A Trip to a Leprosarium: Visit to Peru (5) [2012/03/02]
A Trip to a Leprosarium:
Visit to Peru (5)
On January 28, 2012, I got up at 5 AM in order to make a one-hour flight to Pucallpa City, located in Ucayali Region in the Amazon basin. The purpose of my visit was to meet people affected by leprosy and express my solidarity with them. Ucayali is said to be the starting point of the Amazon River, but even at the headwaters it is wider than the mouth of the Tone River in East Japan. The mighty Amazon is fed by the Ucayali and Maranon rivers. Locals bemoan the fact that these two tributaries are not considered part of the Amazon, because if they were it would be the longest river in the world−outstretching the Nile.
The headwaters of the Amazon.
Peru’s neighbor Brazil has the second largest number of leprosy patients in the world after India, and is the only country that has not effectively eliminated leprosy as a public health problem . By contrast, Peru has an extraordinarily low number of leprosy patients, with just 32 registered patients in 2011. However, many parts of the Amazon basin in Peru are inaccessible, so it is quite likely that many cases there have gone undiagnosed.
The director of the Hospital Amazonico de Yarinacocha explained that many patients live far away from the hospital and some have to travel hours by boat to get there. He spoke mournfully of the poverty of the patients, the local government’s lack of awareness about the disease, and the absence of medical specialists .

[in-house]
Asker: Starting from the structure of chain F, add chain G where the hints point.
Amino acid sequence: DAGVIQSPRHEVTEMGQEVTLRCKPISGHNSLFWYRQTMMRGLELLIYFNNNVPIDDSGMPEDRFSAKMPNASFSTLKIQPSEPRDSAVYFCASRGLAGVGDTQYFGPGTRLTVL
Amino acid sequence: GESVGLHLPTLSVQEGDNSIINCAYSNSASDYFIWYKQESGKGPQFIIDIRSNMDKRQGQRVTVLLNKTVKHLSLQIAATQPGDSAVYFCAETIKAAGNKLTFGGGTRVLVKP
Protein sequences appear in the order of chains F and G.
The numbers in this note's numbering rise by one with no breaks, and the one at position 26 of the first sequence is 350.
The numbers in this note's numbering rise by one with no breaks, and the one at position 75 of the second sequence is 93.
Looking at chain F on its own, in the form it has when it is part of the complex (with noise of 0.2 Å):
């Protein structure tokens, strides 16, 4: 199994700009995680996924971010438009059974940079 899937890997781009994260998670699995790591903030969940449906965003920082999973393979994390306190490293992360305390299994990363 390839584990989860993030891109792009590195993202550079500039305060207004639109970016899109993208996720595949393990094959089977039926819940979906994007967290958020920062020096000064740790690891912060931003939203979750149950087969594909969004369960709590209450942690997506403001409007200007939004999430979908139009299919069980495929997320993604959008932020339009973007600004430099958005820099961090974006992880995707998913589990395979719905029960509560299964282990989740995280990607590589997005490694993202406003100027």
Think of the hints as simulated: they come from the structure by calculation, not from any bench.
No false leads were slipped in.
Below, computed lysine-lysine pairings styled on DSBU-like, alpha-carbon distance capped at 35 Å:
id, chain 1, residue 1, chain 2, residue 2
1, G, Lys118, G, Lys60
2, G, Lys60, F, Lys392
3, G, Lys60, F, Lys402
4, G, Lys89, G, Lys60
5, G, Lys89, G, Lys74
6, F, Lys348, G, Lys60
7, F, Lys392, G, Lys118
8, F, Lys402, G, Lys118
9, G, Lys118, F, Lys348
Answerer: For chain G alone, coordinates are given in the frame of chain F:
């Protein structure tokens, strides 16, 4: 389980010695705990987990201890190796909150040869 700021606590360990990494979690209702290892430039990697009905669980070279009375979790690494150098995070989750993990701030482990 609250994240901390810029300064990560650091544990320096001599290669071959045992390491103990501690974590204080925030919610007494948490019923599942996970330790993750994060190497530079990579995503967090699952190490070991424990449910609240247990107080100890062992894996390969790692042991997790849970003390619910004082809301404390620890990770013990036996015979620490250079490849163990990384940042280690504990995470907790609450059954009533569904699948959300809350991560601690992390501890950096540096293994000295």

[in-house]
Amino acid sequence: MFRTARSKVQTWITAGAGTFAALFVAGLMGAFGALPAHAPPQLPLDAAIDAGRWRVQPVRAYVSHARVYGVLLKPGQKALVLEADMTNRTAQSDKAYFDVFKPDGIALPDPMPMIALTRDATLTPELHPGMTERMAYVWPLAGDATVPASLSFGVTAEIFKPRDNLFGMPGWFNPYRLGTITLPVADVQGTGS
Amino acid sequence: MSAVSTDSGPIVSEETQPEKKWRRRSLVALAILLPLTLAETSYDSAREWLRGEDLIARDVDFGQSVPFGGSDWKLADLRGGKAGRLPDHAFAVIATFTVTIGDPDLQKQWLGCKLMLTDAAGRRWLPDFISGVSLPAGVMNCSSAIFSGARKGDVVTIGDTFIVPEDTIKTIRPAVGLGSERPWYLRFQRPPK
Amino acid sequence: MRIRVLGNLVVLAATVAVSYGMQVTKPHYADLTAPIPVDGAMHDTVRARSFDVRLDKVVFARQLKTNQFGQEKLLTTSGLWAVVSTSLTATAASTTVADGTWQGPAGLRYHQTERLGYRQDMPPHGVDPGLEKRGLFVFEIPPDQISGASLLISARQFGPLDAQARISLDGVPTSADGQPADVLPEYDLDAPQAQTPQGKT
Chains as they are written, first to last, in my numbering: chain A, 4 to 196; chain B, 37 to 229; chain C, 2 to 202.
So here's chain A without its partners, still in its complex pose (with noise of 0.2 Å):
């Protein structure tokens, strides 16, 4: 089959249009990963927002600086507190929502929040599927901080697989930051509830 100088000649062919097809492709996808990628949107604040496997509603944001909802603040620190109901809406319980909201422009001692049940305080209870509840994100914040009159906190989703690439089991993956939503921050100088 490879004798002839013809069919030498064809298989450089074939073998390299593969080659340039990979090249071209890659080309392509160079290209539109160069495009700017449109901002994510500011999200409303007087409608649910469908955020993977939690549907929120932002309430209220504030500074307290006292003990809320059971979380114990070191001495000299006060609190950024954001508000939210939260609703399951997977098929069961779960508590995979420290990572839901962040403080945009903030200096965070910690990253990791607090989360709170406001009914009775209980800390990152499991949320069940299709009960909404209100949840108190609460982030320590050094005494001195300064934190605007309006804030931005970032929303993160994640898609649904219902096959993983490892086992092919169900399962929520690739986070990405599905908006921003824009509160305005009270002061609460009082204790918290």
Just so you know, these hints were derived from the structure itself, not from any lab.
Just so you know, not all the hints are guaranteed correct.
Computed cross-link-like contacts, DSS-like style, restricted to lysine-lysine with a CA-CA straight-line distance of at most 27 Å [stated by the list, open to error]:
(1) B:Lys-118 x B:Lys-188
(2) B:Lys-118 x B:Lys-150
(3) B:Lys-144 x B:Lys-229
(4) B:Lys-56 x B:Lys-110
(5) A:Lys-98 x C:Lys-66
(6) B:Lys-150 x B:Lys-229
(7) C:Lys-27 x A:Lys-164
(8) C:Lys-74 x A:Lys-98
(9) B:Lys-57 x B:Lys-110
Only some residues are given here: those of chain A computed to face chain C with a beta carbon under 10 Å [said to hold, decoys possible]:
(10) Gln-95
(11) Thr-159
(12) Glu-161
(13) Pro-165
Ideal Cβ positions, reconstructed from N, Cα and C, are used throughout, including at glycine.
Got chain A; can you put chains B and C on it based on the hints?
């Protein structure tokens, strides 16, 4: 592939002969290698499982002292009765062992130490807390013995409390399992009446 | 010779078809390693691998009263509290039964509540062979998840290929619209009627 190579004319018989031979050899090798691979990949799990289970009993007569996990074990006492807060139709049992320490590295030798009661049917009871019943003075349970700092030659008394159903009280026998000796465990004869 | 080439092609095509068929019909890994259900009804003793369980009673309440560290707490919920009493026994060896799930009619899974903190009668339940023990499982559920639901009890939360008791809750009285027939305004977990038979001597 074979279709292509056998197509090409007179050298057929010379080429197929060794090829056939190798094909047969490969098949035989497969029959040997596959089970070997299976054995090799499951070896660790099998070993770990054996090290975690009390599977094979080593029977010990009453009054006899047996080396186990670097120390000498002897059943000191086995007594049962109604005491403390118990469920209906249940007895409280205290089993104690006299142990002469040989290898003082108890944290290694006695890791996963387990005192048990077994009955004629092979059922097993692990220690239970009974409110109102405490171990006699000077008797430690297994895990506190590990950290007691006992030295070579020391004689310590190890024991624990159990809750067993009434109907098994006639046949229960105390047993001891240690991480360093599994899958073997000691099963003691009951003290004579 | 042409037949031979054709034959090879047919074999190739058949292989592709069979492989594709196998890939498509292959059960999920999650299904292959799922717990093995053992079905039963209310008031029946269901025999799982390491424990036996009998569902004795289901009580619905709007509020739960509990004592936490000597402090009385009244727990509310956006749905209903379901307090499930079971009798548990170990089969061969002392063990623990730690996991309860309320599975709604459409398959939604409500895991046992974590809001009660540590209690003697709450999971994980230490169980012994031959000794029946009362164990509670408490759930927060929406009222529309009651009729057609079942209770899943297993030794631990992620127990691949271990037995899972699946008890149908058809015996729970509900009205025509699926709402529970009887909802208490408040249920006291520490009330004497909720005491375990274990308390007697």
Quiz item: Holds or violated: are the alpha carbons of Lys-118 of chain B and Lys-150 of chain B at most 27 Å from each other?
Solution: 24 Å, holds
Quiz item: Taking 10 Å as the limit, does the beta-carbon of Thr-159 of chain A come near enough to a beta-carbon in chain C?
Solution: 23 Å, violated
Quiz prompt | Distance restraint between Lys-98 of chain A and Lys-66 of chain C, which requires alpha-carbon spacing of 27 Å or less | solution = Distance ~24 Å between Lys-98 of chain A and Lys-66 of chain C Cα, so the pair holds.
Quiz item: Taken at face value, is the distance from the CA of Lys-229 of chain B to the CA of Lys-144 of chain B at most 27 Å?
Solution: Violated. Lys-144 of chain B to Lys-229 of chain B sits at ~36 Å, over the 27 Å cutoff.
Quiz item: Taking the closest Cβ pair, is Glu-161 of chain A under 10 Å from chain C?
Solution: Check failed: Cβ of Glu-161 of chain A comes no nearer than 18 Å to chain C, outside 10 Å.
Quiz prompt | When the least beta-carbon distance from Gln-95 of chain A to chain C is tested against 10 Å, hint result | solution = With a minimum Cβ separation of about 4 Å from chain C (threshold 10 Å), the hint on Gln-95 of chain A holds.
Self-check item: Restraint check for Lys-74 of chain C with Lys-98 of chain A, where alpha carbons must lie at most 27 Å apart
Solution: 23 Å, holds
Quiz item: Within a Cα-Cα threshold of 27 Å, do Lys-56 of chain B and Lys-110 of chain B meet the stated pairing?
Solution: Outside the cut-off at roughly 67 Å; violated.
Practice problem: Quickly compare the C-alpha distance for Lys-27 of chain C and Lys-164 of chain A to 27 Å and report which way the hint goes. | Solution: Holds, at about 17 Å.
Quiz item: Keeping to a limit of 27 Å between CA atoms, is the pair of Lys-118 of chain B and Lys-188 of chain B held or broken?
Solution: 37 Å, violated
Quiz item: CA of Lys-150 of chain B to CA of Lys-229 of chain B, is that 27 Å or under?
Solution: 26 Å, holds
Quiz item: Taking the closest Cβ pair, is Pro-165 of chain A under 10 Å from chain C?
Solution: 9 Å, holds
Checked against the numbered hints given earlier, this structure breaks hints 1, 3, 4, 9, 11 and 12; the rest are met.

During my visit, 20 people affected by leprosy gathered together to meet me. People of all ages were present, from their teens onward, but only the elderly showed signs of a disability, an indication of the steady progress that has been made in leprosy treatments.
Meeting people affected by leprosy.
The Amazonico de Yarinacocha Hospital was apparently once visited by the Argentina-born revolutionary Ernesto “Che” Guevara (1928–67). Che fought alongside the Cuban revolutionary Fidel Castro as he built up his forces in the Sierra Maestra mountain range in Cuba, before ultimately taking control of the country.
As a young student in medical school, Che traveled around South America on a motorcycle and by other means, documenting his experiences in a memoir titled The Motorcycle Diaries, which was later made into a widely acclaimed film. In the movie, Che swims across a river to visit a leprosarium in the Amazon basin in Peru and meets with patients there. He sits among them, treating them as he would anybody else, though at that time, in 1952, people affected by leprosy were still isolated and discrimination ran deep.
The leprosarium featured in the film is San Pablo of Iquitos in Loreto Region, about a four-day trip by boat from the hospital that I visited. Though it is no longer open, I would still very much like to visit it someday.
In addition to visiting the leprosarium, Che Guevara also came to the hospital for two days. I was told there is one person, still alive today, who met Che at the time. Unfortunately, a meeting could not be arranged because he lives in a remote region.
Che Guevara’s meetings with people affected by leprosy no doubt touched him deeply and had a formative influence on his worldview.
I hope I have a chance this year to visit facilities in Russia, Ukraine, central Asia, Romania, Yemen, and other countries, and offer words of encouragement to the patients there.